The Supreme Court questioned the Centre’s “contradictory” stands on bovines, asking how it could permit Jallikattu where bulls are subjected to rough treatment and used for entertainment when the Constitution has provisions to protect cows.
“On the one hand you want compassion towards cow on the other hand you want to use bull as a tool for entertainment for human being. If we go by constitutional principles of compassion, such a contradiction cannot be permitted. Even if you say that Jallikattu is a sport, it is not permissible. You better play computer games for entertainment,” said a bench of Justice Dipak Misra and Justice Rohinton Nariman.
The court made these oral observations during the hearing of petitions filed by animal welfare organisations and activists challenging the Centre’s January 2016 notification that revived Jallikattu—a prominent bull-taming sport held in Tamil Nadu.
The notification, petitioners contended, was issued to override the SC’s 2014 verdict that declared Jallikattu illegal.
Tamil Nadu government counsel, senior advocate Shekhar Naphade said if marathon can be permitted then Jallikattu too should be allowed. “Are the so-called rights of animals higher than the rights of human beings?”
The bench rejected the comparison, saying, “In a marathon race, you participate on your own will, but in Jallikattu, bulls are forced to participate against their will as slaves were treated in 16th century.”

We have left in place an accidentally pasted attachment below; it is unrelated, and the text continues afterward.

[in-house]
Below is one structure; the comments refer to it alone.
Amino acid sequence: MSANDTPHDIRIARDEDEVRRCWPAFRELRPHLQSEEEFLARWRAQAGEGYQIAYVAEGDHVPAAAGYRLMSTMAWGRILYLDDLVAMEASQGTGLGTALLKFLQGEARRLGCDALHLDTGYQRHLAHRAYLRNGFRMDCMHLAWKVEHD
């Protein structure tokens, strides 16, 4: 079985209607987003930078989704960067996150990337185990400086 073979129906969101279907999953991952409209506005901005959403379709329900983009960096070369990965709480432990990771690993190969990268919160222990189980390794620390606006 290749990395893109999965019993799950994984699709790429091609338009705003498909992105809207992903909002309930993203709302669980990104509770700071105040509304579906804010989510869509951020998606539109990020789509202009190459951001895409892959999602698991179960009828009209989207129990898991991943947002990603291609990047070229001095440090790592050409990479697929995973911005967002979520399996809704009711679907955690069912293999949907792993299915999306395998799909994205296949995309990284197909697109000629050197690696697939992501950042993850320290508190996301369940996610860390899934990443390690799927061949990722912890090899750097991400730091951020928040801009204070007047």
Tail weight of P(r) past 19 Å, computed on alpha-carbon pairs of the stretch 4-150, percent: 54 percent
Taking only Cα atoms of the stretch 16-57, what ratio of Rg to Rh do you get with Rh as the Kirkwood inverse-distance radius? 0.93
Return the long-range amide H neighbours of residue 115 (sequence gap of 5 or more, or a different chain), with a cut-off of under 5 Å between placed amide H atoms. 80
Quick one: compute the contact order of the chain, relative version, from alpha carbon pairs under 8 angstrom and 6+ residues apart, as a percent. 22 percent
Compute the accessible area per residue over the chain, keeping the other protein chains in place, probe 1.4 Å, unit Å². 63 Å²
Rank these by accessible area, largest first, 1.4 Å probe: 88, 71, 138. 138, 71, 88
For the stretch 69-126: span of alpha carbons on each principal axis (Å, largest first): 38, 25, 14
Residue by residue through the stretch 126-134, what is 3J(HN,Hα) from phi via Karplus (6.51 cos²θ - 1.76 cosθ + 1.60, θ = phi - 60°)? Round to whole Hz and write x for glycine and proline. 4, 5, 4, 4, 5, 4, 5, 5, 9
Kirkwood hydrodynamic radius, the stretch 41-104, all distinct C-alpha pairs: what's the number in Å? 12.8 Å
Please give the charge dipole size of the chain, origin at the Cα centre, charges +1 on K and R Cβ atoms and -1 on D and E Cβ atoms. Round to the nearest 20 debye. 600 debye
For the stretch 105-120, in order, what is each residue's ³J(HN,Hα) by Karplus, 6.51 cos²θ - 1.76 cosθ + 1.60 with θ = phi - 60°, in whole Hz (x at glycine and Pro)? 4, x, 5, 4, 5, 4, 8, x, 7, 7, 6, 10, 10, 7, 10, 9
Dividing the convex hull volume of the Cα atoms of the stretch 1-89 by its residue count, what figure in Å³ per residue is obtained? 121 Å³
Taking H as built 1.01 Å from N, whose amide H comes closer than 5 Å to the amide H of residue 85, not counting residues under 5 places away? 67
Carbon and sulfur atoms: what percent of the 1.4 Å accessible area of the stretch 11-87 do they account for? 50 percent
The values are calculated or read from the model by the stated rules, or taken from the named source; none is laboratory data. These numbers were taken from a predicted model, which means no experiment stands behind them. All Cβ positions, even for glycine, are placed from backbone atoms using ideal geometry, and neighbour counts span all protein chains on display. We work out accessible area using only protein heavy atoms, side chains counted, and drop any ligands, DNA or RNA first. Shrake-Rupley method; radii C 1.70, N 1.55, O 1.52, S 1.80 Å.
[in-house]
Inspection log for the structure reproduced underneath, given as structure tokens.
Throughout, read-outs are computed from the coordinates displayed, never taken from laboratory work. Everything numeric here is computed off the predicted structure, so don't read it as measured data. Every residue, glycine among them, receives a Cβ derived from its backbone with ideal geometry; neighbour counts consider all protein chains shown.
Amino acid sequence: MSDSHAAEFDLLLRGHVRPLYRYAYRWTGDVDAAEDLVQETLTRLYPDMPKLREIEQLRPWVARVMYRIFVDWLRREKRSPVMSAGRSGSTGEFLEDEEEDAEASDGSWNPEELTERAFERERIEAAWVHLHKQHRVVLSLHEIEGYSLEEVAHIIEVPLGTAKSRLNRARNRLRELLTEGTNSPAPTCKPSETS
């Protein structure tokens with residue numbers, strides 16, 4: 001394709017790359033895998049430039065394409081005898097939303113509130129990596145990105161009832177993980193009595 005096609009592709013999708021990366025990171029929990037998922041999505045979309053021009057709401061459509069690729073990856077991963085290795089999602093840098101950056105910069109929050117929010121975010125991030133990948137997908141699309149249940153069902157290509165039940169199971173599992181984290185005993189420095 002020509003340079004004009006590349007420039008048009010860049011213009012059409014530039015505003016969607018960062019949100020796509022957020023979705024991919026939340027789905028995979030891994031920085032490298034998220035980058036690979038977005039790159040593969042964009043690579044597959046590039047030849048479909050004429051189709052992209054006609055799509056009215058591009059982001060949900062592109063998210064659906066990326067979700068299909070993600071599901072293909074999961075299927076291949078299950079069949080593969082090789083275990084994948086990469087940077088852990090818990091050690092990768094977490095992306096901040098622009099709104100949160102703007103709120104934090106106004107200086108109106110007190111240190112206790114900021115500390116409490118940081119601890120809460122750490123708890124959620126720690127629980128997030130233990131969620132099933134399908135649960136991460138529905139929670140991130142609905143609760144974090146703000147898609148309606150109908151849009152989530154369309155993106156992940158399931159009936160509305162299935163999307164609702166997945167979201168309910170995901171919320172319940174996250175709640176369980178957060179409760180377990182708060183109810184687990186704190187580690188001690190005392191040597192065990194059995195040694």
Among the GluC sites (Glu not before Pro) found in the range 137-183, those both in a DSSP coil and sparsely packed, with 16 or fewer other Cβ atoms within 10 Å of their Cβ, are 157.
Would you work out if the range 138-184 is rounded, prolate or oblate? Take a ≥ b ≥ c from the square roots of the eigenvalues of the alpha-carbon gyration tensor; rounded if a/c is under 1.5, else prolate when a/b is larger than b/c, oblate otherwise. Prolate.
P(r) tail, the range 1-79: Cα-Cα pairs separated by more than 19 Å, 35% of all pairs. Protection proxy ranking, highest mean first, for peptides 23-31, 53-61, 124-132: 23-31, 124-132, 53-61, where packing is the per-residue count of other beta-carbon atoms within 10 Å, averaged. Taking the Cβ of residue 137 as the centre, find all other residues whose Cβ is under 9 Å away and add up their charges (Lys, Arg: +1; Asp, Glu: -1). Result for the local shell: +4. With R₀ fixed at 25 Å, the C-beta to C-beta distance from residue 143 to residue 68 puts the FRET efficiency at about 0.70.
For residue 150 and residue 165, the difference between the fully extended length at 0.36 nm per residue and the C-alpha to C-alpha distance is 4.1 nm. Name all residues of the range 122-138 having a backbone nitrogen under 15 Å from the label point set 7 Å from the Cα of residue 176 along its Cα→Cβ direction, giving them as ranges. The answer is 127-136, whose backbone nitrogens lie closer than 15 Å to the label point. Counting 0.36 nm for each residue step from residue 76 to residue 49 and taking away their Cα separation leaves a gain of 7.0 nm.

When the Centre’s counsel told the bench the premise for the 2014 verdict was not correct, Justice Misra shot back: “How can you allow bull to be a source of entertainment for human beings? Jallikattu is impermissible as it violates the provisions of the law (to protect animals) and the Constitution. In view of the cruelties inflicted, nothing of this nature is permissible.”
Justice Nariman intervened and said “By this notification, you (government) have removed the basis of the 2014 judgment banning Jallikattu.”
The January 7, 2016 notification permitted Jallikattu and bullock cart races by excluding bulls from the list of “performing animals” under the Prevention of Cruelty to Animals Act. The animals mentioned in the list cannot be used for any performance or entertainment and by removing bull from this list, the Centre indirectly allowed Jallikattu.